20 Minutes looked at the products sold by the three major parties contesting presidential elections this spring.
At the headquarters of the far-right Front National, T-shirts are on sale with the slogan "les gars de la Marine" (a play on words as the phrase means "the boys of the navy", but Marine is the name of the party leader, Marine Le Pen).
Selling for €10 ($13) each, shoppers might expect the fiercely patriotic party's products to be made in France.
Marine Le Pen herself told a public meeting in December of her horror that the post office was "taking delivery of scooters from Thailand." Yet the party's T-shirts are made in Bangladesh.
"Yes, they're from abroad," the shop manager told the newspaper, "but the printing is done in France." However, he said the lighters were French-made.
At the headquarters of the governing UMP party, which President Sarkozy is likely to lead into the election when he officially declares his candidacy, there's a mixed picture.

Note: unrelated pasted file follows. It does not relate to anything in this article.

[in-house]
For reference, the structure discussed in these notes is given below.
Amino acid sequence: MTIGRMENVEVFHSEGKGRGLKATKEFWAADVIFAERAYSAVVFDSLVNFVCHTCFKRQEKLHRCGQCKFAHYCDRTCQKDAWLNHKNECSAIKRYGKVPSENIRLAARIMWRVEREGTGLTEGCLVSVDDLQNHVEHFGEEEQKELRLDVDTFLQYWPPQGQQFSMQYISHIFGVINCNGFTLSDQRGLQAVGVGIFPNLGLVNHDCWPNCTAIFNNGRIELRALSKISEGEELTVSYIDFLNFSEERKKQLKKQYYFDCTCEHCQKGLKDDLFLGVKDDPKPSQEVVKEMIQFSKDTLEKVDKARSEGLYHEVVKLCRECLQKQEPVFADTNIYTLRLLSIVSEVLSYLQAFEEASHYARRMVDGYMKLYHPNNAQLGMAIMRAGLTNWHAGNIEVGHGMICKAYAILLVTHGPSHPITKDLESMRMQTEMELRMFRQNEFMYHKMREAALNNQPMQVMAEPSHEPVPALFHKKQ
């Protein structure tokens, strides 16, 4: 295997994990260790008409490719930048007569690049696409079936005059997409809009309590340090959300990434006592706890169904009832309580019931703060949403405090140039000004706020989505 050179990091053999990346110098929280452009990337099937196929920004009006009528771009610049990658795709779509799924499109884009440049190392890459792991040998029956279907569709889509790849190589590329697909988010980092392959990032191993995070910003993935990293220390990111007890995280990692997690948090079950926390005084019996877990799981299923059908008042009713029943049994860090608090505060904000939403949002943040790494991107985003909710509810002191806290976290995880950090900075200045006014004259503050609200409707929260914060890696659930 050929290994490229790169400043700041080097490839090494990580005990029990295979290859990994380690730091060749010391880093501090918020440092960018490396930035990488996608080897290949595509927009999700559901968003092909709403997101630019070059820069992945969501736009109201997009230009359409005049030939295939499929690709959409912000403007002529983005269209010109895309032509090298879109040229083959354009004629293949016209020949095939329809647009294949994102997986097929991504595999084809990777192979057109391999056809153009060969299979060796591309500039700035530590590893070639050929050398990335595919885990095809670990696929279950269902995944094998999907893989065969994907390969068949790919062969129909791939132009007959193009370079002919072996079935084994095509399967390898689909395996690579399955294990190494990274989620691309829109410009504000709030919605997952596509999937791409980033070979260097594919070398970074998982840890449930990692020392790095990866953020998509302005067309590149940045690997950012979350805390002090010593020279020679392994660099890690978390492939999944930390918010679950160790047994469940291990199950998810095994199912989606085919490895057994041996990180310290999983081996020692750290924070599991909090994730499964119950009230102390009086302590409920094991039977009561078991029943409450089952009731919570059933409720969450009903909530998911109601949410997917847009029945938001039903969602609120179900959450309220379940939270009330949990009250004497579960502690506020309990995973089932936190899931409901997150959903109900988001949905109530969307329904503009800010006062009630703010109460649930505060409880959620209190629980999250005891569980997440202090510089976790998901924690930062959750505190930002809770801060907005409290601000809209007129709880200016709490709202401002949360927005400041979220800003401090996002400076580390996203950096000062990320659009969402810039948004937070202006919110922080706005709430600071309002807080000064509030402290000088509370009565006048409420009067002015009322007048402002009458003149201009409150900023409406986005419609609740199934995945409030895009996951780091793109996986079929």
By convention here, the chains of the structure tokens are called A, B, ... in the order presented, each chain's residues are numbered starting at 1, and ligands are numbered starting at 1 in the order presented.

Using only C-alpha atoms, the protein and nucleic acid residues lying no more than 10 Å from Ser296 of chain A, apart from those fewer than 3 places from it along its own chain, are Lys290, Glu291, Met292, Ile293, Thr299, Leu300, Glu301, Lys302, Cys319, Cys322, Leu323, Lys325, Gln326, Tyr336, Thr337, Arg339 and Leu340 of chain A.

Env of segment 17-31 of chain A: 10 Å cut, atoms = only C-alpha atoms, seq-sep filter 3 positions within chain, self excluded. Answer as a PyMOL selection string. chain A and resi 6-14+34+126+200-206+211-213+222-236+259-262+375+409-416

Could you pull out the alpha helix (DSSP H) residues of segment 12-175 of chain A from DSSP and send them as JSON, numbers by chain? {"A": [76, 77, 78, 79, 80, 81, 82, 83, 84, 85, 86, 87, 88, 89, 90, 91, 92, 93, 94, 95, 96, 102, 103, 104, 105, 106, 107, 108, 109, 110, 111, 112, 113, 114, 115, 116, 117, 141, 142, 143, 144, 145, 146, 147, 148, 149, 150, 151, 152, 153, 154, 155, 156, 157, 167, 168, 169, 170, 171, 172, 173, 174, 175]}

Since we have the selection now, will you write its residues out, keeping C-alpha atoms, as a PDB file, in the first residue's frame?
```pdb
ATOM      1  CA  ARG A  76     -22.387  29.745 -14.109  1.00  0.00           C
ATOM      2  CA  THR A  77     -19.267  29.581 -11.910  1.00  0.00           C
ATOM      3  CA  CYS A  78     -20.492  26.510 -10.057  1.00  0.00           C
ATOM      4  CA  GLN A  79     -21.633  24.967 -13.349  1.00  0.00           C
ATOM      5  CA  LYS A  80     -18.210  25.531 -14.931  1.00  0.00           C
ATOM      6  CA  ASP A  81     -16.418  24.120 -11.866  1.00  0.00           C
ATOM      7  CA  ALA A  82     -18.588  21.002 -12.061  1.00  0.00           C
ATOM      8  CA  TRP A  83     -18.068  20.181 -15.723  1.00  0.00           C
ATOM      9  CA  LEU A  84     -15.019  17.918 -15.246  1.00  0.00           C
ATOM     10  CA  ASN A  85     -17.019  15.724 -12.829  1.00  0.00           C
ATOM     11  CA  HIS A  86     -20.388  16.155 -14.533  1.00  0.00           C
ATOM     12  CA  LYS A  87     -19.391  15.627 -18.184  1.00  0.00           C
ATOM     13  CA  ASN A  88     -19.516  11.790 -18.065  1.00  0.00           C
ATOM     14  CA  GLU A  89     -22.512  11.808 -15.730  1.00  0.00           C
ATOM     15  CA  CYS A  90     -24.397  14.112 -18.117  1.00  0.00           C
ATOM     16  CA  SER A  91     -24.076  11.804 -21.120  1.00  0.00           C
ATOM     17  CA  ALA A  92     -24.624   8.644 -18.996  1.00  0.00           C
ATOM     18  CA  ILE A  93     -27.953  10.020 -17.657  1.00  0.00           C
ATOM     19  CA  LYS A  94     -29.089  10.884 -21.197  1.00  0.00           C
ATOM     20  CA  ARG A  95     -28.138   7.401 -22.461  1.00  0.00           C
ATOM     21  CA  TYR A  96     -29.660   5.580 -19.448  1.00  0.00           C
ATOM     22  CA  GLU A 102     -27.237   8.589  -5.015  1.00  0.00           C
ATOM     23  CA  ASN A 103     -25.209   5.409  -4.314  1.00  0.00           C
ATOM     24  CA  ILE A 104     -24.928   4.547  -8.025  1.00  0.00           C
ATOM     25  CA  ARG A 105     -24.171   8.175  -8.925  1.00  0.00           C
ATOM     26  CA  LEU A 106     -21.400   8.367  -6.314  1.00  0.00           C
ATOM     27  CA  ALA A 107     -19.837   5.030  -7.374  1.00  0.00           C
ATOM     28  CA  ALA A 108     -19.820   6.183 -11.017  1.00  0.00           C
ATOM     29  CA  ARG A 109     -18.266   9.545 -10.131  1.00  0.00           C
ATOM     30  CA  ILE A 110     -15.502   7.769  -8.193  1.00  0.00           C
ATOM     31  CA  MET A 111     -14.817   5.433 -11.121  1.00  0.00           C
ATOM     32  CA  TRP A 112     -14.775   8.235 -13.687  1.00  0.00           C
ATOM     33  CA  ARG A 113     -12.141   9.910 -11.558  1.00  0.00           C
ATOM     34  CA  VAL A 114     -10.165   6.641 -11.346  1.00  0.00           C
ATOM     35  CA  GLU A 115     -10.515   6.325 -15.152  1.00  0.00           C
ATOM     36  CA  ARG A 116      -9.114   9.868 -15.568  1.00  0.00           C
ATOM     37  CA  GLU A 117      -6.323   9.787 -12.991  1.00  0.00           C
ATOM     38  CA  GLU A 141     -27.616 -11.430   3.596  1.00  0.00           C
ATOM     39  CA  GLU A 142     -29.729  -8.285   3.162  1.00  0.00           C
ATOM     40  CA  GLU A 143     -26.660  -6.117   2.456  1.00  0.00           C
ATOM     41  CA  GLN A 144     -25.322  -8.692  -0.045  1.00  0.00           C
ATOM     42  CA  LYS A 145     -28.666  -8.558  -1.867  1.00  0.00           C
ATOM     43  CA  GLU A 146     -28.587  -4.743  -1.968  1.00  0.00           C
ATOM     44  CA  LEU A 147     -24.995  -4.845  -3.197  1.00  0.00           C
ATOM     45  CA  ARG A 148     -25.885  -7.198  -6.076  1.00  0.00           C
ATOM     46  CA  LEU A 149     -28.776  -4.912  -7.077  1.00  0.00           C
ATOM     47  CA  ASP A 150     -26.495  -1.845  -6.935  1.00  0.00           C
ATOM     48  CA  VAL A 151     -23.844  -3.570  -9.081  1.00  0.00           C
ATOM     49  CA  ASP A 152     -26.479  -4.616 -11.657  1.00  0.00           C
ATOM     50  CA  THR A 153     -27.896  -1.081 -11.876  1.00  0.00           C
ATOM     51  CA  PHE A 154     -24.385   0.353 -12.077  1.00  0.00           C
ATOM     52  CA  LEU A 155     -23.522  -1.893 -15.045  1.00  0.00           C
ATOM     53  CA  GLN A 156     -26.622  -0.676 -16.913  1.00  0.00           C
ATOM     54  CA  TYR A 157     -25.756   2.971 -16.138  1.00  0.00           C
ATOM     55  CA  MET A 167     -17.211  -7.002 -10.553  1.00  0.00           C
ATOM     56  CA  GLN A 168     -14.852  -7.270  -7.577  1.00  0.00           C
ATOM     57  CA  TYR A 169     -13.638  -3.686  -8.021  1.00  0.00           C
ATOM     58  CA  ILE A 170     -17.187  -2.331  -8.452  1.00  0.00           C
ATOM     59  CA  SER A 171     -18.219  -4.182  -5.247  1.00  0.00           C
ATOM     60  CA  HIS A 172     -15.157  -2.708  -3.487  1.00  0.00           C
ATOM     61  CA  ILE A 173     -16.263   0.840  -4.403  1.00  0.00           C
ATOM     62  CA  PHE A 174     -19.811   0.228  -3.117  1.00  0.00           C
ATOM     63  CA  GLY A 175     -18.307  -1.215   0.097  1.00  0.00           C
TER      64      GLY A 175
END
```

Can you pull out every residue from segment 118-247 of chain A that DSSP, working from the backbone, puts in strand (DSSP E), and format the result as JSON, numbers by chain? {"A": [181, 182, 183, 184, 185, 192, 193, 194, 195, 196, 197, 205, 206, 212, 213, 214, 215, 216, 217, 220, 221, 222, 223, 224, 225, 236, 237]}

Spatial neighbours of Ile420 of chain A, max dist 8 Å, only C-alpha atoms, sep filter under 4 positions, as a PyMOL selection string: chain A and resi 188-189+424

Mugs and ashtrays proudly carry the "fabriqué en France" mark, while the T-shirts are made in Morocco and the calculators come from China.
Socialist party officials said they made every effort to have products from France but that "certain products are impossible to make in France or even in Europe."
T-shirts, yet again, are imported, this time from Portugal. "But the flags are made in the Drôme" said an official.
Only the centrist MoDem party, led by François Bayrou, thinks it will live up to the "made in France" mandate.
It will sell T-shirts made in Brittany and pencils from the Vosges. The party's online story is still yet to launch though, so it's too early to say whether every product on sale will be proudly French.